Tuesday, February 8, 2011

Reagan and Bush's Not-So-Secret War: Part Four

Conservative Christians, through its people in the military, first discovered the network of camps and its writers assumed that fundamentalist and evangelical leaders were to be rounded up brought to the detention centers by secular humanists in government. This eventually proved to be absurd.

Indeed, the builders of the camps were possibly expecting the evangelicals to round up secular humanists. Granted, some fundamentalists thought of themselves as strict constitutionalists and, so, they thought they could eventually reside in these places. Over time, information on the camps has become so widespread that FEMA has had to acknowledge that some existed for the continuity of government in a nuclear attack or other emergency.

Attorney General William French Smith attempted to reign in FEMA, and it was forced to turn over 12,000 dossiers on political dissidents to the F.B.I. REX-84 continued to constitute the basic plan for dealing with emergencies. North represented only a minority in the Reagan administration and, he was quickly severed from FEMA. Yet the infrastructure for dictatorship that he established remained in place, and two decades later his allies Richard Cheney and Donald Rumsfeld held high positions in government. Unfortunately the evidence is clear that some conservatives still dream of rounding up opponents and that they manage to get into high places. There probably are not as many William French Smiths now as there were in the 1980s in the Republican party. Still, it is unlikely that these people can act on their dreams without something worse than another 9/11.

In the 1980s, Cheney had discussed COG with Donald Rumsfeld, then a former Secretary of Defense and head of a pharmaceuticals company. During Congressional recesses , Cheney would disappear from Washington leaving his wife only a telephone number for emergencies. With four or five dozen others, he participated in continuity of government exercises. He played the role of presidential chief of staff to someone designated as president during an emergency.1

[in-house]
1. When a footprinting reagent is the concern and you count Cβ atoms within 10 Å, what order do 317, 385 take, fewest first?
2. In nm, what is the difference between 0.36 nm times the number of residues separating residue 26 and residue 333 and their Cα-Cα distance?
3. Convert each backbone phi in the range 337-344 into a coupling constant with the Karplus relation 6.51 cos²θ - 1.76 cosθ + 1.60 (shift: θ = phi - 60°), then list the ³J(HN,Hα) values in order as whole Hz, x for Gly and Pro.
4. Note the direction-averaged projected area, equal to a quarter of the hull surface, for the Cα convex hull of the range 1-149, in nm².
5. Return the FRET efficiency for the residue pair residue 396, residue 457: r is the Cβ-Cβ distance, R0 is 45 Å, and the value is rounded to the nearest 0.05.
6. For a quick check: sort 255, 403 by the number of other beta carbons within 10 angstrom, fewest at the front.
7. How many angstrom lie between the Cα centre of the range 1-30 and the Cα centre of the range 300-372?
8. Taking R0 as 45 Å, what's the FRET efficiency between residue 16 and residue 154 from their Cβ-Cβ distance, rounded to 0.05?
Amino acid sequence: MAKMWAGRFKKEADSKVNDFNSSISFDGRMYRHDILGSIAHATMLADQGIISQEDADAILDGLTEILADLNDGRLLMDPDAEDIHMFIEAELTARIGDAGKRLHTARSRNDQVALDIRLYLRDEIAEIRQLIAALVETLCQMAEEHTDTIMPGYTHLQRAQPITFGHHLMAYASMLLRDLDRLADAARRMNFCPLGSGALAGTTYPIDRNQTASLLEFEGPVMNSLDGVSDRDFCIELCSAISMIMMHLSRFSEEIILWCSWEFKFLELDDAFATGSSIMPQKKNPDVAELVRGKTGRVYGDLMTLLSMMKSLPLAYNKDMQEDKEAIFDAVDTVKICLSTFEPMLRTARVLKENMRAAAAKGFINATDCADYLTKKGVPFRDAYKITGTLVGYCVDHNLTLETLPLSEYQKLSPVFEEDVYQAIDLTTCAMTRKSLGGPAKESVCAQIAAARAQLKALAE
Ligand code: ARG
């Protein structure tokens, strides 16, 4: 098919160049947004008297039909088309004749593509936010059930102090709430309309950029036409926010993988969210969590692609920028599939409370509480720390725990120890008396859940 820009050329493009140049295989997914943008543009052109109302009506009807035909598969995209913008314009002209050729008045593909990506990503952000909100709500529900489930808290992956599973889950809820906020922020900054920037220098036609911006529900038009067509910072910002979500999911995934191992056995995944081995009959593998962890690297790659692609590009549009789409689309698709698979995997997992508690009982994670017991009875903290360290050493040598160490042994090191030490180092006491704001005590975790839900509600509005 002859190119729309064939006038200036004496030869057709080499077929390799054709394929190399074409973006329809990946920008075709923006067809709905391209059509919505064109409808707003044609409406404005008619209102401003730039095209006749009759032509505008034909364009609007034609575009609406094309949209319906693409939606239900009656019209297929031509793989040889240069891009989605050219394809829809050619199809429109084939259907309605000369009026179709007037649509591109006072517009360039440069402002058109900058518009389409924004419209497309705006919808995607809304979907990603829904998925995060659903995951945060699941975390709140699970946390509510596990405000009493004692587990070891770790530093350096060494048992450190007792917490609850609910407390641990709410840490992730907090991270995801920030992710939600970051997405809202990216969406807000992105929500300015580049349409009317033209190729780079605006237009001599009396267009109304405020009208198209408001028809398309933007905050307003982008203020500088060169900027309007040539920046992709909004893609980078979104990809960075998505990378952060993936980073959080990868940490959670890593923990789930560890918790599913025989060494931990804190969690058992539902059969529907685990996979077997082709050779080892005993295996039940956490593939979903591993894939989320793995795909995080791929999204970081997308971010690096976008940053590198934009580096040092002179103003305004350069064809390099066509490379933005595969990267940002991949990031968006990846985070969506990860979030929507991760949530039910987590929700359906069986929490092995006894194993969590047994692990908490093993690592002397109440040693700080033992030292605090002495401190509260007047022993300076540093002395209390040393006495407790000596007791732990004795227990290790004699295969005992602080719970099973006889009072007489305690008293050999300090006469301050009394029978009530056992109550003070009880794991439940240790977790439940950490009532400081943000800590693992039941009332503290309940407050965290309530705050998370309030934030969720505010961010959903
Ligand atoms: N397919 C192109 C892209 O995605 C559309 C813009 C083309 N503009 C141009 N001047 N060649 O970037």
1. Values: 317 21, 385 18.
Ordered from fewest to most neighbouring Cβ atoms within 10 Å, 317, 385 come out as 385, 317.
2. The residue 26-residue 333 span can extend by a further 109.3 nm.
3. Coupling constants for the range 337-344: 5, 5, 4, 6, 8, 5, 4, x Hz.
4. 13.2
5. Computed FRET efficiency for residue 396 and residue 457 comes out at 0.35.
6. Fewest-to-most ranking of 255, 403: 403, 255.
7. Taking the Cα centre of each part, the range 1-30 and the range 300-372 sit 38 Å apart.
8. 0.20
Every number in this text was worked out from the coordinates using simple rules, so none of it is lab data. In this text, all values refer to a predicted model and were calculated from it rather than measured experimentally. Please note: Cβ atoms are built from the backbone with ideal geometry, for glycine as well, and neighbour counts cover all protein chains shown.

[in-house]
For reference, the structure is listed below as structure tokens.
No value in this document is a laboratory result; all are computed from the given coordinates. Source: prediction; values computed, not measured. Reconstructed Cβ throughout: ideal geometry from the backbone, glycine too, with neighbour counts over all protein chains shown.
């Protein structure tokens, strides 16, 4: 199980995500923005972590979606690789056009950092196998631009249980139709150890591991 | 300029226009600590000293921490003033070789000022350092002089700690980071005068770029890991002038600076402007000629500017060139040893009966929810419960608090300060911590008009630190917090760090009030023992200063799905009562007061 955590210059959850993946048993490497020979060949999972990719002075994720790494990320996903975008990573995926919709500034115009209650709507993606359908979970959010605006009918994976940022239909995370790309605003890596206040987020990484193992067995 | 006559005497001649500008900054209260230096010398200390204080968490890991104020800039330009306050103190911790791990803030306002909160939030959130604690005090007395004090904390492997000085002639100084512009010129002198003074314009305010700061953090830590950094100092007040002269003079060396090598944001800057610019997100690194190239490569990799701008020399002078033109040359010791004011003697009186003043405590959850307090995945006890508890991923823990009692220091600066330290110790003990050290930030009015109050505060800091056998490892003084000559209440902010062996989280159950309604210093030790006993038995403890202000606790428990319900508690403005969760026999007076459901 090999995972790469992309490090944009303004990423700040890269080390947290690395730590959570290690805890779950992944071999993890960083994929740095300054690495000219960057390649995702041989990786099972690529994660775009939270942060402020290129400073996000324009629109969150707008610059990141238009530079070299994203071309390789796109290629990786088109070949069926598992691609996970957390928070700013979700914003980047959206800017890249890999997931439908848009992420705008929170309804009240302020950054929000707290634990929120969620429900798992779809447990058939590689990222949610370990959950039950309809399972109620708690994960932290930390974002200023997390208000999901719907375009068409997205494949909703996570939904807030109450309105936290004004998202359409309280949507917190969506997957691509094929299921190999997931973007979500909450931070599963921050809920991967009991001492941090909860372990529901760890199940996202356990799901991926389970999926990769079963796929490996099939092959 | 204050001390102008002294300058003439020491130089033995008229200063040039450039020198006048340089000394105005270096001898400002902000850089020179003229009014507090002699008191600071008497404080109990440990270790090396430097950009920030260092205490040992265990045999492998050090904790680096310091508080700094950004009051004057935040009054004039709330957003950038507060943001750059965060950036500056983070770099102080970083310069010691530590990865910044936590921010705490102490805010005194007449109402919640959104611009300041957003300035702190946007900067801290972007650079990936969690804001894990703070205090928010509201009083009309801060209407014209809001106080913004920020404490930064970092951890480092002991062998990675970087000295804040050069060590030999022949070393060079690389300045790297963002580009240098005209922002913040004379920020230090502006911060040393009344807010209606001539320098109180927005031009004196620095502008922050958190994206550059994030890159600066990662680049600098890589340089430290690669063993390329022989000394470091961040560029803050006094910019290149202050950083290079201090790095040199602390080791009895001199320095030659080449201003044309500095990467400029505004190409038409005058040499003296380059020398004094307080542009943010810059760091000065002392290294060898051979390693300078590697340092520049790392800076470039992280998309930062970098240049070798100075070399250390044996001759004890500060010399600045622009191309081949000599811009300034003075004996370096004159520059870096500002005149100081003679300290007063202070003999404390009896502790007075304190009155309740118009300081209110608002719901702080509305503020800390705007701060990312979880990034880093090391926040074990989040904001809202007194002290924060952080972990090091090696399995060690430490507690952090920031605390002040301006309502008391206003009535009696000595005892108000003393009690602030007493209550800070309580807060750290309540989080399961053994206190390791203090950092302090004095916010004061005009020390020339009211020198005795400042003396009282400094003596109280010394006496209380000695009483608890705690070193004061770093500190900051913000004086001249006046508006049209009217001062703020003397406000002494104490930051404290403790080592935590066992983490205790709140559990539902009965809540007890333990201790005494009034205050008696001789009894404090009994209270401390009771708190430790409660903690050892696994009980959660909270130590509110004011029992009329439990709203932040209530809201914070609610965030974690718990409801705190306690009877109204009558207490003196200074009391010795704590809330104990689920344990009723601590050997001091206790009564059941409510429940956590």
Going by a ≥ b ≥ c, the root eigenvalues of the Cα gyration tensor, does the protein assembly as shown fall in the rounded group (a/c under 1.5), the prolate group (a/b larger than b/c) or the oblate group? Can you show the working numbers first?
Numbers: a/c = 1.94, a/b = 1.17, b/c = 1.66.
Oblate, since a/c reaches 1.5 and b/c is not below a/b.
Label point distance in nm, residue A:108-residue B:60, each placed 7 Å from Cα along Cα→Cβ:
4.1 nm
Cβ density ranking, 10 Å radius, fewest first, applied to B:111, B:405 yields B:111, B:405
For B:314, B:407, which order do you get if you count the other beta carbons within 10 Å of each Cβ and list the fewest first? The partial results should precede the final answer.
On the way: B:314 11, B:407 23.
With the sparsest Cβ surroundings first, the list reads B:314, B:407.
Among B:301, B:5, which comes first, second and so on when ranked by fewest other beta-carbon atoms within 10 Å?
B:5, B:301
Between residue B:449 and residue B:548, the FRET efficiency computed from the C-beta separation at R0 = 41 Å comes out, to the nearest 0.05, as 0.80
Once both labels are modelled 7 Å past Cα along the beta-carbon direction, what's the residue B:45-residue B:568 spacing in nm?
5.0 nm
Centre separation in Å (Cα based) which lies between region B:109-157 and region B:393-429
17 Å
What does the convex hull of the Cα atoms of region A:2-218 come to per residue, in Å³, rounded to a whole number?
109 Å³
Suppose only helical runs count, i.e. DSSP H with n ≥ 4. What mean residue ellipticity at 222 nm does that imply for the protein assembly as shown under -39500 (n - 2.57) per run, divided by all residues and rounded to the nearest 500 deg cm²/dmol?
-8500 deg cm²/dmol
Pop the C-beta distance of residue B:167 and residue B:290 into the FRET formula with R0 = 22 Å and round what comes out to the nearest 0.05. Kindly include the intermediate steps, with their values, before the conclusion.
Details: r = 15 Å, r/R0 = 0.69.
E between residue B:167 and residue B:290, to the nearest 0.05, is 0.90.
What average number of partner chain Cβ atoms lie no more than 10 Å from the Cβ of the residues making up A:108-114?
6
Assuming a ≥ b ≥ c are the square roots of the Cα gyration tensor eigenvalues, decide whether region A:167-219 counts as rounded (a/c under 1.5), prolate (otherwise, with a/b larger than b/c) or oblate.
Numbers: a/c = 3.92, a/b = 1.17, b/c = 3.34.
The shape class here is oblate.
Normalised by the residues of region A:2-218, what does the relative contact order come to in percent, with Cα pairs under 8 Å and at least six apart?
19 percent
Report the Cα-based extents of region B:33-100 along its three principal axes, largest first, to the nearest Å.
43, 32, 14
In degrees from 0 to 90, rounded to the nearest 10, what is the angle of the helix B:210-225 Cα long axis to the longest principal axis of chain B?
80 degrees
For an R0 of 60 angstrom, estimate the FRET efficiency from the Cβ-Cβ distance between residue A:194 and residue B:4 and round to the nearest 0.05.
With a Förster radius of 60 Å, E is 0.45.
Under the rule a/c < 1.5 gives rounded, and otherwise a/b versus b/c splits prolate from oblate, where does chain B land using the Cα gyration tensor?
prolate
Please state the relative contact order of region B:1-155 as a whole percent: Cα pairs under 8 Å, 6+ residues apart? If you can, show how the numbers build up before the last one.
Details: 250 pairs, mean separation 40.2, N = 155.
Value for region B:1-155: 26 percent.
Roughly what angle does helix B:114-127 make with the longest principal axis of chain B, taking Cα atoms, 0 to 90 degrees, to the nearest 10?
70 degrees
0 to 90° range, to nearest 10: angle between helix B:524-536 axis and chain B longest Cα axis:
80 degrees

The COG program, tied to the North plan, included surveillance of dissidents. North was most likely using PROMIS software to track dissidents in conjunction with both REX-84 and the COG. It was probably the use of PROMIS that made it necessary to defer the questioning of Congressman Jack Brooks to an executive session of the Iran/Contra Committee.

Overall responsibility for both plans was assigned to Vice President George H.W. Bush, who headed the administrations’ “anti-terrorism” efforts The Miami Herald speculated that many of the people occupying key positions in this secret government had been involved in the October Surprise as well as in the theft of President Carter’s debate briefing book in 1980. Clark was replaced by Robert McFarlane, essentially a staffer who seemed to be easily used by Bill Casey and Oliver North.
A series of Reagan executive orders placed covert activity under his Vice President George H.W. Bush in his capacity as head of the Task Force on Combatting Terrorism. Bush was also made head of the drugs task force, which placed him in a position to protect the C.I.A.’s drug running activities. During his time as chairman of the task force, the volume of drugs entering the United States tripled. Bush also headed the executive branch committee that pressed for the deregulation of the savings and loan banks, which left them open to subsequent plundering by the C.I.A. 2

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